Geochemical Society and is on the editorial board of the journal Chemical Geology.
Andrew H. Knoll is Fisher Professor of Natural History and curator of the Paleobotanical Collections, Botanical Museum, at Harvard University. His geology Ph.D. was also from Harvard University. His research interests are in Precambrian biological and geological evolution, early animal diversification, vascular plant evolution, and the relationship between evolution and environmental change in Earth history. He also has an interest in astrobiology and was a member of the rover science team in the National Aeronautics and Space Administration’s 2003 mission to Mars. Dr. Knoll has received several awards for his scientific achievements, including the Paleontological Society’s Medal and Charles Schuchert Award and the Society for Sedimentary Geology’s Raymond C. Moore Medal. He has served on Earth and space science advisory groups, including the NRC Space Studies Board and the Board on Earth Sciences and Resources. He is a member of the National Academy of Sciences.
Frank M. Richter is Sewell Avery Distinguished Service Professor in the Department of Geophysical Sciences at the University of Chicago. He received his Ph.D. from the University of Chicago. Dr. Richter’s research spans both geophysics and geochemistry and includes investigations of mantle convection, thermal evolution of Earth, isotopic dating, pore-water chemistry in sediments, and melt segregation and chemical diffusion in molten rock systems. Both lines of research have led to professional society awards, including the American Geophysical Union’s Bowen Award and the Geological Society of America’s Wollard Award. Dr. Richter has served on numerous NRC solid-earth science committees, including the Board on Earth Sciences and Resources, Geodynamics Committee (chair), Committee on Seismology, and Committee on Basic Research Opportunities in the Earth Sciences. He is a member of the National Academy of Sciences.
Leigh H. Royden is professor of geology and geophysics and chair of the Program in Geology and Geochemistry at the Massachusetts Institute of Technology. She received her Ph.D. from the same institution. Dr. Royden’s research interests include regional geology and geophysics and the mechanics of large-scale continental deformation. She has received the Geological Society of America’s Donath Medal and a Presidential Young Investigator Award. She has served on the Council of the Geological Society of America and is a former member of the NRC Geodynamics Committee and Committee on Basic Research Opportunities in the Earth Sciences. She is a fellow of both the Geological Society of America and the American Geophysical Union.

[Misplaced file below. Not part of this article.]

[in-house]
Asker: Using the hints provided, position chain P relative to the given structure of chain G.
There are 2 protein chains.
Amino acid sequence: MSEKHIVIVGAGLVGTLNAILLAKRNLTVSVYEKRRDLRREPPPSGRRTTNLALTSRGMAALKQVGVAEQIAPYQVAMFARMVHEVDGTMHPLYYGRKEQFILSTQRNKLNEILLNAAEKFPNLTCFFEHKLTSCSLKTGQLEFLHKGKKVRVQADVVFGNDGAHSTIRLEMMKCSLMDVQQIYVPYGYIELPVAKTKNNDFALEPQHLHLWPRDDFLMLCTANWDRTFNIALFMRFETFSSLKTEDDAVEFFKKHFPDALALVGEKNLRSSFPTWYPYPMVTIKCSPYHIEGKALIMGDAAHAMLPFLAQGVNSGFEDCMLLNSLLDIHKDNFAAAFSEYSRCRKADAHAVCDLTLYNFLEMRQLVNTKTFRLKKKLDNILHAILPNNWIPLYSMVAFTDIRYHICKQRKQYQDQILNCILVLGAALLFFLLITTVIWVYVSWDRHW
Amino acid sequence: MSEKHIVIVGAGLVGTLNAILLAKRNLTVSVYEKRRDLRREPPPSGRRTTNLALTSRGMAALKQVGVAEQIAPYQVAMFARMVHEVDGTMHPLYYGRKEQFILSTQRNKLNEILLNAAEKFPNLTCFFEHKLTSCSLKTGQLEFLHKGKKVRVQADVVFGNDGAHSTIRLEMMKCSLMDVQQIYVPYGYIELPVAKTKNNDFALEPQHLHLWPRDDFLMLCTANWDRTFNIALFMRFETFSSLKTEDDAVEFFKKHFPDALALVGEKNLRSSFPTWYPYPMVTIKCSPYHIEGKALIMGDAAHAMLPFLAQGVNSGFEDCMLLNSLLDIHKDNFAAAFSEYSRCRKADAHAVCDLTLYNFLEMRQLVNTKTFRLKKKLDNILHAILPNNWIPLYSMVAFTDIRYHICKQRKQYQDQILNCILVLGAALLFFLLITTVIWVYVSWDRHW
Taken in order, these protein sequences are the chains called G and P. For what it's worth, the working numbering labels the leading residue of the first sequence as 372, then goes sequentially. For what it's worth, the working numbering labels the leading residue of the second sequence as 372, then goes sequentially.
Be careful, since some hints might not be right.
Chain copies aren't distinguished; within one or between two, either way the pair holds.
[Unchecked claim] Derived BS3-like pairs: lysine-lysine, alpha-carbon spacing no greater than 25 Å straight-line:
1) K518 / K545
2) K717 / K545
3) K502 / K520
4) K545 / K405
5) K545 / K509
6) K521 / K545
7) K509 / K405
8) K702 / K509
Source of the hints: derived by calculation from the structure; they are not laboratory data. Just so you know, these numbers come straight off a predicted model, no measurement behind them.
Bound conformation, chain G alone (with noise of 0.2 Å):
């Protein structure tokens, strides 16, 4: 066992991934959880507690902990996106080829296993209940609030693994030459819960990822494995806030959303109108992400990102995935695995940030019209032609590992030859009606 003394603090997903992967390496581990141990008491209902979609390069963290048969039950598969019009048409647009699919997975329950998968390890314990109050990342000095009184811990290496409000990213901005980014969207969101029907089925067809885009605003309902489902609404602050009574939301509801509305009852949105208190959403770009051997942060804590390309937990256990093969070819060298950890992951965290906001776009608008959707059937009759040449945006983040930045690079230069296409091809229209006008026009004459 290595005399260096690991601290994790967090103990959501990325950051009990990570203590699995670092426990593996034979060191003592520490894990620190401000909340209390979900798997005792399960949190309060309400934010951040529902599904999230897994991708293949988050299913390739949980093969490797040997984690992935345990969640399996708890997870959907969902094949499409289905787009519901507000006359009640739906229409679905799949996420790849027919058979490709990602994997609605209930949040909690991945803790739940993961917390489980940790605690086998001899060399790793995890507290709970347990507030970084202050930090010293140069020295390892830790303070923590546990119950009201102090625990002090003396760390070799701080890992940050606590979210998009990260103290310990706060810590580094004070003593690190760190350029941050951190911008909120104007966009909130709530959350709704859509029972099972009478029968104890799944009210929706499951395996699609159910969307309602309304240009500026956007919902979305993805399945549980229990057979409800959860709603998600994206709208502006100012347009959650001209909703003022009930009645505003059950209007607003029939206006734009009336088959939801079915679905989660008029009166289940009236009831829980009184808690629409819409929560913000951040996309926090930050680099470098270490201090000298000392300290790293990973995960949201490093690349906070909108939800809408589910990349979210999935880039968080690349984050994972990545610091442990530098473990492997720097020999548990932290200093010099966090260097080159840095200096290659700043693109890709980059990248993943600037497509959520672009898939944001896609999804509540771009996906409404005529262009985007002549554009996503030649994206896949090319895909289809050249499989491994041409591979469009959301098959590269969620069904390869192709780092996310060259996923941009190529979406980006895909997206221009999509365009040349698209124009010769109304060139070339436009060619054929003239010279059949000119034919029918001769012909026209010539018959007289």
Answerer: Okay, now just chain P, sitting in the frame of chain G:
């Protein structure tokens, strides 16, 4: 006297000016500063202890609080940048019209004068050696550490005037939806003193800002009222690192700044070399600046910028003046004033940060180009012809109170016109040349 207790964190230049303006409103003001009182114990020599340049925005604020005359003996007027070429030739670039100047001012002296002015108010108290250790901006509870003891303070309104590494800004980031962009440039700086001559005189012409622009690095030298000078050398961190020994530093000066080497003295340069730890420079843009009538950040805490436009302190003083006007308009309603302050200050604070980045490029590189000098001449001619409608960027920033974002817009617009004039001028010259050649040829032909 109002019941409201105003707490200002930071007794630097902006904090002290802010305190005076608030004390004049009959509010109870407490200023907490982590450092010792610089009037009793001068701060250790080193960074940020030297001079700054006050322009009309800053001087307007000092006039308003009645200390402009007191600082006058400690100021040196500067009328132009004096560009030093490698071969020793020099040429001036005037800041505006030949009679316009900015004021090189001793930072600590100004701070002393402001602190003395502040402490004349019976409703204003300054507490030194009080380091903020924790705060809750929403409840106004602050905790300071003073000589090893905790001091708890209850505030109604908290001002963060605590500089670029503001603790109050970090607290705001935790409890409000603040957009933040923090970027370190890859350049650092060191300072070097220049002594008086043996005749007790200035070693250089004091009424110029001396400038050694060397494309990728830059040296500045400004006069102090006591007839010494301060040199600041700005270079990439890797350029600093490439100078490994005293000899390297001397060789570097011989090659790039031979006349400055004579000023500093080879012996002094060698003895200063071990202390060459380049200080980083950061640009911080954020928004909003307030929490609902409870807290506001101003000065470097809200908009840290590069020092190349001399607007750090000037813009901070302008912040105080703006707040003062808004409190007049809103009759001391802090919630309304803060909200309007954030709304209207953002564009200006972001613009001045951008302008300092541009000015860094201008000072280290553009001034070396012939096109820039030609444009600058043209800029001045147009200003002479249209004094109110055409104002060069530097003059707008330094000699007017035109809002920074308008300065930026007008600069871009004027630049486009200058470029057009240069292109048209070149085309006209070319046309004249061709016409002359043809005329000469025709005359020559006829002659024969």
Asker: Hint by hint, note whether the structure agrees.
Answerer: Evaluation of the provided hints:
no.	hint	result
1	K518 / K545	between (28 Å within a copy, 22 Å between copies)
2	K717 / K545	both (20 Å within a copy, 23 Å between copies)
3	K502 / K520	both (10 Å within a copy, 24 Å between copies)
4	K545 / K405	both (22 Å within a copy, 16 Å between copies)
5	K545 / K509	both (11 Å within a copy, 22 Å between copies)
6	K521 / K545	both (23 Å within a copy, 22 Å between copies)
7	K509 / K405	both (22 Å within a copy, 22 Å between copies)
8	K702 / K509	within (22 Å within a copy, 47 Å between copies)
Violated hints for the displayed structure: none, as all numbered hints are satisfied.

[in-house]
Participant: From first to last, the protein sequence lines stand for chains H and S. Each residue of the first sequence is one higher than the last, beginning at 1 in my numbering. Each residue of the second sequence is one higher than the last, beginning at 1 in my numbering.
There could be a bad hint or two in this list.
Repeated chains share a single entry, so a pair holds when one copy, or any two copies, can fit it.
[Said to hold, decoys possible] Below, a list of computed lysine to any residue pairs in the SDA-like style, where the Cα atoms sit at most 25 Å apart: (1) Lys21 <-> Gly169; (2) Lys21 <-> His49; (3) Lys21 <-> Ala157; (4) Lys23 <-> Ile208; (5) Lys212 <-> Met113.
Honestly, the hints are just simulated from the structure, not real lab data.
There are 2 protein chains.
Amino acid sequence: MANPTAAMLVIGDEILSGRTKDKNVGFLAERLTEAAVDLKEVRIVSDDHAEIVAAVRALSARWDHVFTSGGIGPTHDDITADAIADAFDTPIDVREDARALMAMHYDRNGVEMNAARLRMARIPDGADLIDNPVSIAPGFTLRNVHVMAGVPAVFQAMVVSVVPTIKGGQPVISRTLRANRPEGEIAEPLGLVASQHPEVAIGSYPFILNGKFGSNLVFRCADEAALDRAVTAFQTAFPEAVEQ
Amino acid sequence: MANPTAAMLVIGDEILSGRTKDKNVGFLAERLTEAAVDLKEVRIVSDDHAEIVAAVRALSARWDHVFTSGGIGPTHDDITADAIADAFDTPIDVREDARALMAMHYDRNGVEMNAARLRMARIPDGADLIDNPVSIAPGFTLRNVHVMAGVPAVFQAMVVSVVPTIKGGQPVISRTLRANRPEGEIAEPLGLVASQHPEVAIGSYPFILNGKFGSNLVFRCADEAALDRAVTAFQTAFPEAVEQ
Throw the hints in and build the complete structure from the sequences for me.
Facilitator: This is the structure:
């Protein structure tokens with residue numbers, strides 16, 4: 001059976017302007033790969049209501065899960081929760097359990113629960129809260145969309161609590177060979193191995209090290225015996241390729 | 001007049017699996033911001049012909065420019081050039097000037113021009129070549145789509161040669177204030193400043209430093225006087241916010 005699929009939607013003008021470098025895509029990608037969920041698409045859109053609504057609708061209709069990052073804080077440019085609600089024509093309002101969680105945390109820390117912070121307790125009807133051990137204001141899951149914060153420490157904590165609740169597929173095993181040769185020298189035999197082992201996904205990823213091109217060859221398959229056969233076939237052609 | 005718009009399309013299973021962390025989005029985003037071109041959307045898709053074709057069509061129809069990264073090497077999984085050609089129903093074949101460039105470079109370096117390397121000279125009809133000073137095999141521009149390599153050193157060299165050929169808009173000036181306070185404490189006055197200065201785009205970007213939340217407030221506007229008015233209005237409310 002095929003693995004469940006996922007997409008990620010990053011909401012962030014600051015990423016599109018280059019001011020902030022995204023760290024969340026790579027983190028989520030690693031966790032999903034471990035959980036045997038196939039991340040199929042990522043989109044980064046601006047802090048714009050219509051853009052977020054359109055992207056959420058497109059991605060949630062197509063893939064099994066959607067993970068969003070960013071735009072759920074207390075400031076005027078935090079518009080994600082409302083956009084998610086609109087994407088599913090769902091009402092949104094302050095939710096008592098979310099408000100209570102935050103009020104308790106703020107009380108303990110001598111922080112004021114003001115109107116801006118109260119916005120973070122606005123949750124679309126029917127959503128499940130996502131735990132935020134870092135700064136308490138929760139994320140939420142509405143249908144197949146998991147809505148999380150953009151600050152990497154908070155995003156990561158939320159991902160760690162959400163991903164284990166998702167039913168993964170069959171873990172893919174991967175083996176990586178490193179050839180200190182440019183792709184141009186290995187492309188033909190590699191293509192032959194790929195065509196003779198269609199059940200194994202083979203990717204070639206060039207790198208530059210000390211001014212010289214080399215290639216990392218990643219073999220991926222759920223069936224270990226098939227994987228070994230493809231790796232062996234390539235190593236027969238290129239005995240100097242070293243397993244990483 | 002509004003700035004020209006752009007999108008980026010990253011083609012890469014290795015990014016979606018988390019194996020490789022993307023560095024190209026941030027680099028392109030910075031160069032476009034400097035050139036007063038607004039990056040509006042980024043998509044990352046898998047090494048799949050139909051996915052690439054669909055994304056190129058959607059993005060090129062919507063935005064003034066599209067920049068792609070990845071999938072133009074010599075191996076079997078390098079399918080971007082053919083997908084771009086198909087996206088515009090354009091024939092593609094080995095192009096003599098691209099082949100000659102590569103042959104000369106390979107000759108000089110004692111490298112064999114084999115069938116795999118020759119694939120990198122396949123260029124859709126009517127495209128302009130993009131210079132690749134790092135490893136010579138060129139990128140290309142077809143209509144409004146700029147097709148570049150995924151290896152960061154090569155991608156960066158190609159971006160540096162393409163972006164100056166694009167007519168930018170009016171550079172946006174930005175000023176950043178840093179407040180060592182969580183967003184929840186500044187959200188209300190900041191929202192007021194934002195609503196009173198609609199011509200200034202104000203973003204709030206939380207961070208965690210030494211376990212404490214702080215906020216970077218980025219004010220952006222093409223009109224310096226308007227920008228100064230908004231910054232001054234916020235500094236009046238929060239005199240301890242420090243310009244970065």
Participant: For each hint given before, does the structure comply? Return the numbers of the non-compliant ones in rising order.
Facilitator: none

Roberta L. Rudnick is a professor in the Department of Geology at the University of Maryland. Prior to joining the faculty in 2000, she spent six years as a professor at Harvard University and several years as a research scientist at the Max Planck Institute für Chemie in Mainz, Germany. Dr. Rudnick received her Ph.D. from the Research School of Earth Sciences at Australian National University. Her research focuses on the origin and evolution of the continents, particularly the lower continental crust and the underlying mantle lithosphere. In addition to her research, she is a councillor for the Mineralogical Society of America and editor-in-chief of Chemical Geology. She is a fellow of the American Geophysical Union, the Geological Society of America, and the Mineralogical Society of America and has been a distinguished lecturer for the latter society.
Lars Stixrude is a professor of geophysics and mineral physics at the University of Michigan. He received his Ph.D. in geophysics at the University of California, Berkeley. Dr. Stixrude investigates the physics of Earth at an atomic level. Predictions of material physics at conditions of Earth’s interior, based on theoretical and laboratory investigations, provide insight into magma generation and transport, the seismic structure of the mantle and core, and the state of water in the deep interior. He is a member of the steering committee for the Cooperative Institute for Deep Earth Research, which is developing an intellectual framework to improve communication among scientists in different disciplines studying the dynamics of Earth’s interior. He is a recipient of the American Geophysical Union’s James B. Macelwane Medal and a fellow of both the Mineralogical Society of America and the American Geophysical Union.